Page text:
Phyllostachys aurea, known as Golden Bamboo, is one of the most common bamboos in Western Washington gardens, garden centers and specialty bamboo nurseries. Here are five compelling reasons why this bamboo should find a place in your garden. You can click on the pics to view a larger image.
In warmer regions, this bamboo can be an aggressive weed, however, in the cool climate of Western Washington, Golden Bamboo has a slow to moderate spread. Throw a couple of environmental challenges at it, (i.e., afternoon shade, low nutrients, dry soils, cold microclimate) and it will remain in a well-behaved clump indefinitely. If you desire it to spread, full sun and moist fertile soils will speed it up. You can learn about factors that affect how bamboo spreads in my article Running vs. Clumping Bamboo
Golden Bamboo is a very tough bamboo. Although it's not the most cold hardy of bamboos, it's evergreen just about anywhere west of the Cascades in USDA Zone 7b or higher. Once established it is quiet drought tolerant, and maintains a respectable appearance even in poor, rocky soils. This bamboo does well in full sun and shade, both.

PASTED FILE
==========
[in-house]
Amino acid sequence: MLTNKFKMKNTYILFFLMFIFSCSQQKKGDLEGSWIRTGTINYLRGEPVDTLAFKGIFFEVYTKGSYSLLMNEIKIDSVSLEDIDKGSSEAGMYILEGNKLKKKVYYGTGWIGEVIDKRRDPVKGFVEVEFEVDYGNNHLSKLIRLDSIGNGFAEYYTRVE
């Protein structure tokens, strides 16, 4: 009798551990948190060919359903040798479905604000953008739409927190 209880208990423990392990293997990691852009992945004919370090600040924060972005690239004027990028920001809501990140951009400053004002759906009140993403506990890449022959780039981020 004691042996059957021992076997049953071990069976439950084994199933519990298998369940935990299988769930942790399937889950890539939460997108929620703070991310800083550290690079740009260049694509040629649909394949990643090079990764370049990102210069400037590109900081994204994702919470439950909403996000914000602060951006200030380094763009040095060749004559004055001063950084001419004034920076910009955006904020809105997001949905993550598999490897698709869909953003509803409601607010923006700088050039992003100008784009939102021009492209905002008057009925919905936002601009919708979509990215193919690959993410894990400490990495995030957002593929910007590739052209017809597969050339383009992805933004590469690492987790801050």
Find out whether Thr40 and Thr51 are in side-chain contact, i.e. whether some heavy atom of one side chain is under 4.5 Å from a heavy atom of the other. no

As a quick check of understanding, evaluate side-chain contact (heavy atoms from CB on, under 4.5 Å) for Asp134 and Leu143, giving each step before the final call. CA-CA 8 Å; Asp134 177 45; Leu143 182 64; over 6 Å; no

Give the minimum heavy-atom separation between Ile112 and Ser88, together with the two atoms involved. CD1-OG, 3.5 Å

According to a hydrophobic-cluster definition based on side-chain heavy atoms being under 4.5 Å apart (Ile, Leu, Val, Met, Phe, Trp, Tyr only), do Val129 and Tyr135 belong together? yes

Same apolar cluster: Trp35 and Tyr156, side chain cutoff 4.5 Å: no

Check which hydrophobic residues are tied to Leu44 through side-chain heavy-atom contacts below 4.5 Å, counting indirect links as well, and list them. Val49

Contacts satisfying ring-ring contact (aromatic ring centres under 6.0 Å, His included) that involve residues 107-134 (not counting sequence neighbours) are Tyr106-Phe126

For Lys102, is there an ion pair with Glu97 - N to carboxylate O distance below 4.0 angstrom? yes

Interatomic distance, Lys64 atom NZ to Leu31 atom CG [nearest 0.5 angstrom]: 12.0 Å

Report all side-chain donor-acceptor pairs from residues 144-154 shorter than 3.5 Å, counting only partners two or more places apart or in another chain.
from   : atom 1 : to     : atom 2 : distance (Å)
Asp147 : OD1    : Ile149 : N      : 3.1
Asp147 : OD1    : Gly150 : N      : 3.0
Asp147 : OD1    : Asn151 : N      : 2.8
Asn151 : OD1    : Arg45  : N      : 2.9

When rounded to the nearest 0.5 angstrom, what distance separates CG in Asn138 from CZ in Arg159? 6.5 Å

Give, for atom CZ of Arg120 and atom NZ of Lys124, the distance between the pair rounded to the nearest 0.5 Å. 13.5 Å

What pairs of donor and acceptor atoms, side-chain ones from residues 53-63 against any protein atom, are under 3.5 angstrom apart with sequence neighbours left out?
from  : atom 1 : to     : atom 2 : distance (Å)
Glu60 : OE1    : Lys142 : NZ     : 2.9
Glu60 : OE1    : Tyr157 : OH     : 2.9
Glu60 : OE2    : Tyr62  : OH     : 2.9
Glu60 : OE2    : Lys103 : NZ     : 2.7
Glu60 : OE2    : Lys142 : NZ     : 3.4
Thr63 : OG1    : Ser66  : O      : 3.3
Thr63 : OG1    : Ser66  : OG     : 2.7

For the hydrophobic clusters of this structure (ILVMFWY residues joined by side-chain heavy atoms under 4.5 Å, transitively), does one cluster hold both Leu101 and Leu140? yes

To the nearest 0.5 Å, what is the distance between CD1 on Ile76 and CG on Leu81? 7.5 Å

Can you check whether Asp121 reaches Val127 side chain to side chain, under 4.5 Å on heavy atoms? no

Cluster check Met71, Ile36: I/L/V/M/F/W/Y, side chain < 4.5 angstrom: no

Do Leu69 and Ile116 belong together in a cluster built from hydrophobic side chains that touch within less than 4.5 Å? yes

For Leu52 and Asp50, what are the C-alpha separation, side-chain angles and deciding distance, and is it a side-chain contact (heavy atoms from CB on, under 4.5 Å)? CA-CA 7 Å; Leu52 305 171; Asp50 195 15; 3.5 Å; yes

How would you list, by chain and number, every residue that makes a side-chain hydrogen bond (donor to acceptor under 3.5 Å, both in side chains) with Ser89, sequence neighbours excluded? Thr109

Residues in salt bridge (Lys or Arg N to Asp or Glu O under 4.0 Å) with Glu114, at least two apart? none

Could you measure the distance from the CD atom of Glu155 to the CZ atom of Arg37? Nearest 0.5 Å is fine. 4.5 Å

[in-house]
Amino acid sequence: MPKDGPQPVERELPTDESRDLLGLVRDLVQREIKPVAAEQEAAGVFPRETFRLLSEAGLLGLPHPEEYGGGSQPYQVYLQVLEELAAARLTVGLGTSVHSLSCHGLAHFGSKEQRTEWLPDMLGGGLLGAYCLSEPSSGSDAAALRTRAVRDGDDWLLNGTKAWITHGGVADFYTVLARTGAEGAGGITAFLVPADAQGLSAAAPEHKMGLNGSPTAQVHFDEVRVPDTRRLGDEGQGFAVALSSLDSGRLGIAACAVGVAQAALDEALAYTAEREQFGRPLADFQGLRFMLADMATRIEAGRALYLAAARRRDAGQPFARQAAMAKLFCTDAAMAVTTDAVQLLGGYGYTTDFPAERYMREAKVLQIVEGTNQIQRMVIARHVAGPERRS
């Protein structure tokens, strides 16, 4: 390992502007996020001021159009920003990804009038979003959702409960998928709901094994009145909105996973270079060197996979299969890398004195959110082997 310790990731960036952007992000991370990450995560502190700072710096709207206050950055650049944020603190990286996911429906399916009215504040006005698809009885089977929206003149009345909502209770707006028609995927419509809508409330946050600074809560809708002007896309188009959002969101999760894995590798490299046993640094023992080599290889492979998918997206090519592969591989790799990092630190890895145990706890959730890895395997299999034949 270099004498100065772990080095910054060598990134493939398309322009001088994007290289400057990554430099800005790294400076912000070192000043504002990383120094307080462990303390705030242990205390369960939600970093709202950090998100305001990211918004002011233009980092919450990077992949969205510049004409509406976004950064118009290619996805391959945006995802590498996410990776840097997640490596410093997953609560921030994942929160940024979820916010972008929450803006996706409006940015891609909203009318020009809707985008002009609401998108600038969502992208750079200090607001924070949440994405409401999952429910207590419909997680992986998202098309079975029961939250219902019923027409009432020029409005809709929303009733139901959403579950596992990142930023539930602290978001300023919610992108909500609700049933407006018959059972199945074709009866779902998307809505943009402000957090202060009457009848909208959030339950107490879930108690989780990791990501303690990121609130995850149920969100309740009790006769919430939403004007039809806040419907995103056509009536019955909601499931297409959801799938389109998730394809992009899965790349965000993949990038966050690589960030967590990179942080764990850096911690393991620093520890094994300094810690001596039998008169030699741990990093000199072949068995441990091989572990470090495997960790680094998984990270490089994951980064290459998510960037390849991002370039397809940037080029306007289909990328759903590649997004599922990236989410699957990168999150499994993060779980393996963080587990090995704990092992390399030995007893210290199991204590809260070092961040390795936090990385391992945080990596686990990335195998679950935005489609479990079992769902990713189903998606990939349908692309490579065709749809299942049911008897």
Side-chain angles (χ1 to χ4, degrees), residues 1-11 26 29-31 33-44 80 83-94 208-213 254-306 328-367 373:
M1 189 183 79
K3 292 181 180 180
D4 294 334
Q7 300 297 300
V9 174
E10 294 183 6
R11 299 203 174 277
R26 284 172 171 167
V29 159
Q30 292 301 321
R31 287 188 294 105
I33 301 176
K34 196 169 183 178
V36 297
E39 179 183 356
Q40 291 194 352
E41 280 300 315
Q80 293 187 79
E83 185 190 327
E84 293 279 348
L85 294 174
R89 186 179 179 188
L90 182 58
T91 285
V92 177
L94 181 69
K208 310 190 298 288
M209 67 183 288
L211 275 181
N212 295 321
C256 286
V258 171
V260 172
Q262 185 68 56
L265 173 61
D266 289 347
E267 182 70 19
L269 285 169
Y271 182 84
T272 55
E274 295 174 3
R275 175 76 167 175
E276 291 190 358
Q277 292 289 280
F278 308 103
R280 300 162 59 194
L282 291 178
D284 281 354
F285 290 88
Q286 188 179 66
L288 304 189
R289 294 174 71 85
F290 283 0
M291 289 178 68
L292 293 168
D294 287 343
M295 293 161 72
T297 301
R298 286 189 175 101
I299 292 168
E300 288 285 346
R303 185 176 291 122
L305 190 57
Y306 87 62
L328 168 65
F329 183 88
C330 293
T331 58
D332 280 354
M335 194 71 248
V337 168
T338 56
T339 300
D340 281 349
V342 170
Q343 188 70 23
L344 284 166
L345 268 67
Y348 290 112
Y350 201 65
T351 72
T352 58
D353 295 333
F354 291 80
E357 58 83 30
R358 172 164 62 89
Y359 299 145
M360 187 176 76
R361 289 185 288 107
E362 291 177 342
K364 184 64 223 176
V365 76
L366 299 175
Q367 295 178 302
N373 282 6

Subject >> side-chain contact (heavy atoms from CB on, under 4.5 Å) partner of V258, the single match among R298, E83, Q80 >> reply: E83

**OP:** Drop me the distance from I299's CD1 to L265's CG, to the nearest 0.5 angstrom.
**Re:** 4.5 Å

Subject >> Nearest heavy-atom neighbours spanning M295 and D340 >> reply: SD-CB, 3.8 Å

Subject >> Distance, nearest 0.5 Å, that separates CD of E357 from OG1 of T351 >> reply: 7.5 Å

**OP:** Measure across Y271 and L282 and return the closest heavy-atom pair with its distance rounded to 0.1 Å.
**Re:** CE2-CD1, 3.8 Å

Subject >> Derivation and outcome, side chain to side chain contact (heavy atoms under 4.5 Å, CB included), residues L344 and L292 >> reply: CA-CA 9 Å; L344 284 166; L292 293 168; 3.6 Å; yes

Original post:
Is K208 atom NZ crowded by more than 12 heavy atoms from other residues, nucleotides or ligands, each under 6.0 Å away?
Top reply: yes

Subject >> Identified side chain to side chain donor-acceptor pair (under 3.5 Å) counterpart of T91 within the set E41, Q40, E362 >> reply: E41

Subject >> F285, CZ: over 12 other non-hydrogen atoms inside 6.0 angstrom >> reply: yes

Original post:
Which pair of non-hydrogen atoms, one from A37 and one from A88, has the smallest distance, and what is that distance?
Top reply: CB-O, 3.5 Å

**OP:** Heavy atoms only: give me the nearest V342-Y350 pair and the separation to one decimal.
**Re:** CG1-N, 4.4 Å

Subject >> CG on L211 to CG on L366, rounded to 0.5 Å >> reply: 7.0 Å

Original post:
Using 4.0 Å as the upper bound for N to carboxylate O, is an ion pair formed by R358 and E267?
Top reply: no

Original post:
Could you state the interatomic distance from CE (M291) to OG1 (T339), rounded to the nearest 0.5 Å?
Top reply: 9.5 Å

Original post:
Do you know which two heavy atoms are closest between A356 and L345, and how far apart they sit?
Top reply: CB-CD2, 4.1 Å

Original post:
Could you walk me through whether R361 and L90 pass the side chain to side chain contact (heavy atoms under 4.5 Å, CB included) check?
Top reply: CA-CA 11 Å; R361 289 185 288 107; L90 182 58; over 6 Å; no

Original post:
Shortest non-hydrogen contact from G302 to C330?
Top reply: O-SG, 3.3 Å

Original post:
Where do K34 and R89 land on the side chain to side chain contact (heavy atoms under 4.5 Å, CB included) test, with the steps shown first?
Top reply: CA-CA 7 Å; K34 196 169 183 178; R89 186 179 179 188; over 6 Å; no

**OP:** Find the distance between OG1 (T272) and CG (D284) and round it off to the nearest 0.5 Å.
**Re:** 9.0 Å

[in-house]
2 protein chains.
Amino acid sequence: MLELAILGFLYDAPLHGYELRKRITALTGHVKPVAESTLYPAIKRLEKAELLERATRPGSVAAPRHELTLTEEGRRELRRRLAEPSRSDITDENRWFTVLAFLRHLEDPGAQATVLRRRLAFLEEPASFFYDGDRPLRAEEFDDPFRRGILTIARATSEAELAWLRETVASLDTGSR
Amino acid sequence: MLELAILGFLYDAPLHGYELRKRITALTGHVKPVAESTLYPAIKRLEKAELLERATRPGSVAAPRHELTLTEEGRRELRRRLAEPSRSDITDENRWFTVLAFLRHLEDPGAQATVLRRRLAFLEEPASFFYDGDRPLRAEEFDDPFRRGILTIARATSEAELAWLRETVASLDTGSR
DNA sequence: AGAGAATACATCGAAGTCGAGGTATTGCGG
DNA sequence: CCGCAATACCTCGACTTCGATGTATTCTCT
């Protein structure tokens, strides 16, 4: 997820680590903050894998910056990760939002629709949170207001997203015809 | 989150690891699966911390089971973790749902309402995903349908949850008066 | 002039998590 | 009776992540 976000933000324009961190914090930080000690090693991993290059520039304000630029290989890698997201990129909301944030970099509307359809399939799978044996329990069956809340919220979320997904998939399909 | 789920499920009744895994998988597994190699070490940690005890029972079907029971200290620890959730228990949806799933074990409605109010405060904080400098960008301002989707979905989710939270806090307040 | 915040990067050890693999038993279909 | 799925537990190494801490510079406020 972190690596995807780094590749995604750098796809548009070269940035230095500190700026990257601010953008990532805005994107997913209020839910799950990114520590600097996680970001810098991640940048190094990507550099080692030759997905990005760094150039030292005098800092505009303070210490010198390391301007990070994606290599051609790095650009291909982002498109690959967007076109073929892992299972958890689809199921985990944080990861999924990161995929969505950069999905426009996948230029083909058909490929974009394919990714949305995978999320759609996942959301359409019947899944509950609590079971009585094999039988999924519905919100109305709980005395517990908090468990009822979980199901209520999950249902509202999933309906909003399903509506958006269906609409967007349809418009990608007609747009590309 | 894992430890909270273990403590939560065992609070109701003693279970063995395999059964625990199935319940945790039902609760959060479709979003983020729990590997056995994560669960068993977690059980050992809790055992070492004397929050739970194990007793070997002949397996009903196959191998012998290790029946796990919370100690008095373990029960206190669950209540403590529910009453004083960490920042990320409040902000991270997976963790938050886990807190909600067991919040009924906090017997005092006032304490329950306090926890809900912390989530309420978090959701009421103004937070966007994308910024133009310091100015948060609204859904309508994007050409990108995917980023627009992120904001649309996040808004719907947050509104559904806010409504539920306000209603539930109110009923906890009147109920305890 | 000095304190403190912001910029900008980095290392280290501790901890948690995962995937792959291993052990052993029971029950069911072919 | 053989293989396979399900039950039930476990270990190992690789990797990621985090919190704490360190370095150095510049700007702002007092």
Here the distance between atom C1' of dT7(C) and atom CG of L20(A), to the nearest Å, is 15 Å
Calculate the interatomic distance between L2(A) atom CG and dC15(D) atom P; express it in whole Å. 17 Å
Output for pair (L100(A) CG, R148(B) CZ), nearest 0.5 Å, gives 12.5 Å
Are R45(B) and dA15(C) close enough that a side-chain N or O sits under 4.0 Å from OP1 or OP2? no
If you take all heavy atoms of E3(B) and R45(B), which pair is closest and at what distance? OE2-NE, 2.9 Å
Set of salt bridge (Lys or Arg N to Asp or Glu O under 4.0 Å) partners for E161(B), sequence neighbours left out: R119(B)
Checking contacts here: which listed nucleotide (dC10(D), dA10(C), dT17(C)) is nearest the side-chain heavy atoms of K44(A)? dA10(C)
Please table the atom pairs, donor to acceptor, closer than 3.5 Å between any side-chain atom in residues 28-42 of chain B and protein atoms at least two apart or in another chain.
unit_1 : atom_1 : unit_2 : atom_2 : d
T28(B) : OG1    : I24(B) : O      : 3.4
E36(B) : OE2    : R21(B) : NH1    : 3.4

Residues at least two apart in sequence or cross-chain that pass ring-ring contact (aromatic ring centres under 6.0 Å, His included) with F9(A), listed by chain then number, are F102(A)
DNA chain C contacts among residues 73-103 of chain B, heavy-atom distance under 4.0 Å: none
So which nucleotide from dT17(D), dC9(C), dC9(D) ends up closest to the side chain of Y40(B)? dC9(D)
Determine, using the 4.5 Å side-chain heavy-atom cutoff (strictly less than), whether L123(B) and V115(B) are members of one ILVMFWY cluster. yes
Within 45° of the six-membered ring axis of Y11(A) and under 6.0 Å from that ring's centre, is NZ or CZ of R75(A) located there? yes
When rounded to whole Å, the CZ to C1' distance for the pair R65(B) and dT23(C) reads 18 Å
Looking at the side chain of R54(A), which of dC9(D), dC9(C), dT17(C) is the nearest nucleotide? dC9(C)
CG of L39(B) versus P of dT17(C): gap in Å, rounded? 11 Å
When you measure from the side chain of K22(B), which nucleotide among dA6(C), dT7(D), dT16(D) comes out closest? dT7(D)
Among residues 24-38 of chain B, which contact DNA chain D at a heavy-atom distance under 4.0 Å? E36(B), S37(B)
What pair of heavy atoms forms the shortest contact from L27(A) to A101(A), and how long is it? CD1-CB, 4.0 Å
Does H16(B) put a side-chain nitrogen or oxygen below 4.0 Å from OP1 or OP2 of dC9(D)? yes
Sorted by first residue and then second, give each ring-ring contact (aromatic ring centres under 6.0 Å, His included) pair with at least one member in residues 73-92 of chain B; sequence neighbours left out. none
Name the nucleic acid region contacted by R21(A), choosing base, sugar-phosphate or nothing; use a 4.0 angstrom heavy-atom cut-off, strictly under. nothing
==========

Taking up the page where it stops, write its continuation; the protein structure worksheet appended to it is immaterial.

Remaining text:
Golden Bamboo as a solid screen
Golden Bamboo has an upright, vase-shape or columnar form, with an average landscape height of 15'-20'. As a single plant, it makes a suitable landscape specimen, accent plant in a theme garden or near a water feature. Its dense culm spacing and top-to-bottom foliage make it ideal for creating a hedge or impenetrable screen (pic above). Its adaptability makes it one of the very best for growing in narrow spaces (pic below). If that's not enough, the shoots are edible, and the poles are good for crafts, screens and furniture. About 10 percent of the canes have shortened internodes on one side, creating a wonderful, "tortoise shell" effect.
Golden Bamboo after a decade in a tight space
Best Container Bamboo
In response to the hardships of container life, Golden Bamboo "slows down", but still manages to look presentable for longer than any other bamboo I have grown. With a little care, (i.e. water and fertilizer) I have seen this bamboo survive for years in large containers (pic below)
Phyllostachys aurea in containers
I've always thought formal pruning destroyed the natural beauty of bamboo, but hey, if you are going to shear your bamboo hedge into a rectangle or other formal shape, this is the bamboo for you. Dense culm spacing and thick foliage are perfect for shaping as evidenced by the images above.
When I first started collecting bamboo, I shunned this bamboo over more rare and exotic varieties. Now, I value it for it's beauty and utility, and recommend it to all my customers who want a bamboo for containers. For some other bamboo recommendations, check out my Bamboo Short, Short List
and my Bamboo Links
page to find nurseries in WA and OR that sell bamboo.